Researchers from University of Washington Detail New Studies and Findings in the Area of Nursing Informatics (Using commercially available tools for multifaceted health assessment: data integration lessons learned)
By a News Reporter-Staff News Editor at Computer Weekly News -- Investigators publish new report on Nursing. According to news reporting originating in Seattle, Washington, by VerticalNews journalists, research stated, "Health monitoring data collected from multiple available intake devices provide a rich resource to support older adult health and wellness. Although large amounts of data can be collected, there is currently a lack of understanding on the integration of these various data sources using commercially available products."
The news reporters obtained a quote from the research from the University of Washington, "This article describes an inexpensive approach to integrating data from multiple sources from a recently completed pilot project that assessed older adult wellness and demonstrates challenges and benefits in pursuing data integration using commercially available products. The data in this project were sourced from electronically captured participant intake surveys and existing commercial software output for vital signs and cognitive function. All the software used for data integration in this project was freeware and was chosen because of its ease of comprehension by novice database users."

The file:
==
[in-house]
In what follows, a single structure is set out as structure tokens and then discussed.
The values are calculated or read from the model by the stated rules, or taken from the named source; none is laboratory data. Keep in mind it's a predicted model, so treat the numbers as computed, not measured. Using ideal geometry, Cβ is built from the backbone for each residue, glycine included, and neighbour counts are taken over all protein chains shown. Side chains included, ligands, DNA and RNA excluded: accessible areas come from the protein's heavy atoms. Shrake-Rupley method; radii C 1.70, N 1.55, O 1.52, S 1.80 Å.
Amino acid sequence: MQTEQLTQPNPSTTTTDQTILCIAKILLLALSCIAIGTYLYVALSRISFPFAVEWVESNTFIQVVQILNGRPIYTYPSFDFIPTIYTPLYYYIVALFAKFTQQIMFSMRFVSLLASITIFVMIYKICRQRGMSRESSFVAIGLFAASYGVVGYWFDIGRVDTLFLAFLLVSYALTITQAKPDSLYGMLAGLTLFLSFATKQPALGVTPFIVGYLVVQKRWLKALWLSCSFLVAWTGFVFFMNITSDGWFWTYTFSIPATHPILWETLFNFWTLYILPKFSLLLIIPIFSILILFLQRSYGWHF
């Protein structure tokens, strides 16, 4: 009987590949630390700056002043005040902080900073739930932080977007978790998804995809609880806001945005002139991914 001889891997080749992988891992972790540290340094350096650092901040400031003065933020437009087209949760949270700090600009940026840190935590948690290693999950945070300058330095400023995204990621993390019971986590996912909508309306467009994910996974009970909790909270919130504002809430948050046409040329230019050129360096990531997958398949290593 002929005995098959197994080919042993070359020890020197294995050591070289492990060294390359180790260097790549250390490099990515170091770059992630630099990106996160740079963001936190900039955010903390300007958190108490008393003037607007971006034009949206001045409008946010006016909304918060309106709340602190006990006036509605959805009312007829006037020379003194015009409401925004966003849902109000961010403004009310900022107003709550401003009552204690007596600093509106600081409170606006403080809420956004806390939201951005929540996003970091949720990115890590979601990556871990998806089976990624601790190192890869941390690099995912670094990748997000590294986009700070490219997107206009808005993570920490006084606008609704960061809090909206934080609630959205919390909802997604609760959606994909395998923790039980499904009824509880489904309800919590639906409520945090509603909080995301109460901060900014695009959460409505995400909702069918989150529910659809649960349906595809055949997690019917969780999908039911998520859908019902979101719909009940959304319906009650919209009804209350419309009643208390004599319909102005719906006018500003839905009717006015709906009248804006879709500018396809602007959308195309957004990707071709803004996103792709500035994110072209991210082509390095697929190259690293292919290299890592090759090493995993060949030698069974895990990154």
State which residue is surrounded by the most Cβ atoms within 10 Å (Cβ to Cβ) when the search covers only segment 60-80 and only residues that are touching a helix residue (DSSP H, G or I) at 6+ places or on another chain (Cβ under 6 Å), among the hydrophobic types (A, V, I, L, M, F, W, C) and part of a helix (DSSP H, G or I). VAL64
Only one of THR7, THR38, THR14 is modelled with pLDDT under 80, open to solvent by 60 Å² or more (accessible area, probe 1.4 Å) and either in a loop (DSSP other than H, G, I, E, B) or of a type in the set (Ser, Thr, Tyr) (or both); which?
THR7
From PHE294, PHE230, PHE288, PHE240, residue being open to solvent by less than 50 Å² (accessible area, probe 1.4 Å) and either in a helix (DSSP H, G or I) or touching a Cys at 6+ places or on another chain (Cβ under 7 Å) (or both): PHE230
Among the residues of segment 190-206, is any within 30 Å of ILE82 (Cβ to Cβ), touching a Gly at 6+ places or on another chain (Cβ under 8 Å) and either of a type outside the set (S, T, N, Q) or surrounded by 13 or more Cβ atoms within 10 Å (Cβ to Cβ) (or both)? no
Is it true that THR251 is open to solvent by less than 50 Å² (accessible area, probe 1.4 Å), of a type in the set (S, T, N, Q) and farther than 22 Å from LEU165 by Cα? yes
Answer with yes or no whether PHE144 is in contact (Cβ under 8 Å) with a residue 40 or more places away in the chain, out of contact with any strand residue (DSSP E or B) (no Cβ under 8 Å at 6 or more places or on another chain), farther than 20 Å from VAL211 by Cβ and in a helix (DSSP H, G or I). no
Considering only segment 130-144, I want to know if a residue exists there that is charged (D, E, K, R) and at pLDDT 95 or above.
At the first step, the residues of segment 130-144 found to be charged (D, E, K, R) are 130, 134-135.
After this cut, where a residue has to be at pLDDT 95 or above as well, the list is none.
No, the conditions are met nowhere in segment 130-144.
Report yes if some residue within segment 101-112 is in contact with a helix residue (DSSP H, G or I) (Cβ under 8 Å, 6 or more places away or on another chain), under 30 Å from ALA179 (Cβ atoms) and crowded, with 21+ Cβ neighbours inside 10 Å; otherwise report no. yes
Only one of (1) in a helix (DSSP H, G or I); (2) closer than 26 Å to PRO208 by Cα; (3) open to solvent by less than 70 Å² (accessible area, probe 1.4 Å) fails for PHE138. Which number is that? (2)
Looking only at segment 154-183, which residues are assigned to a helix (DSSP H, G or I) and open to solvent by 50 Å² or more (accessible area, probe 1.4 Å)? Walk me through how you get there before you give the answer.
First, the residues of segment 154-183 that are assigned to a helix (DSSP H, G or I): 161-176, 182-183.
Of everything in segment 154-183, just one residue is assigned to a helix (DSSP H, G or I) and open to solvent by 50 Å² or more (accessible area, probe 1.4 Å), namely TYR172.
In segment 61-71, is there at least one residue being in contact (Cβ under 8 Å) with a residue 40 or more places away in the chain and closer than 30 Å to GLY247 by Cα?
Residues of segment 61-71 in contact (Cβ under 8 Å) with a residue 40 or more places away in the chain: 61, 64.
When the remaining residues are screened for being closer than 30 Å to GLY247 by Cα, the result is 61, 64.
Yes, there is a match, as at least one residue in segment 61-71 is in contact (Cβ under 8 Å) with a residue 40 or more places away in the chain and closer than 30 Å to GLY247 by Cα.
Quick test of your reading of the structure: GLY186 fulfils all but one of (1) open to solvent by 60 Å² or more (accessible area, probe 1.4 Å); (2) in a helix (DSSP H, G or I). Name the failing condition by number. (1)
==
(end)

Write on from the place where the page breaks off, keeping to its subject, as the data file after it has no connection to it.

According to the news reporters, the research concluded: "The methods and results of this approach provide a model for researchers with similar data integration needs to easily replicate this effort at a low cost."
For more information on this research see: Using commercially available tools for multifaceted health assessment: data integration lessons learned. Computers, Informatics, Nursing, 2013;31(7):329-34.
Our news correspondents report that additional information may be obtained by contacting K. Wilamowska, Biomedical and Health Informatics, School of Medicine, University of Washington, Seattle, WA 98195-7240, United States. Additional authors for this research include T. Le, G. Demiris and H. Thompson.
Keywords for this news article include: Seattle, Nursing, Software, Washington, United States, North and Central America.
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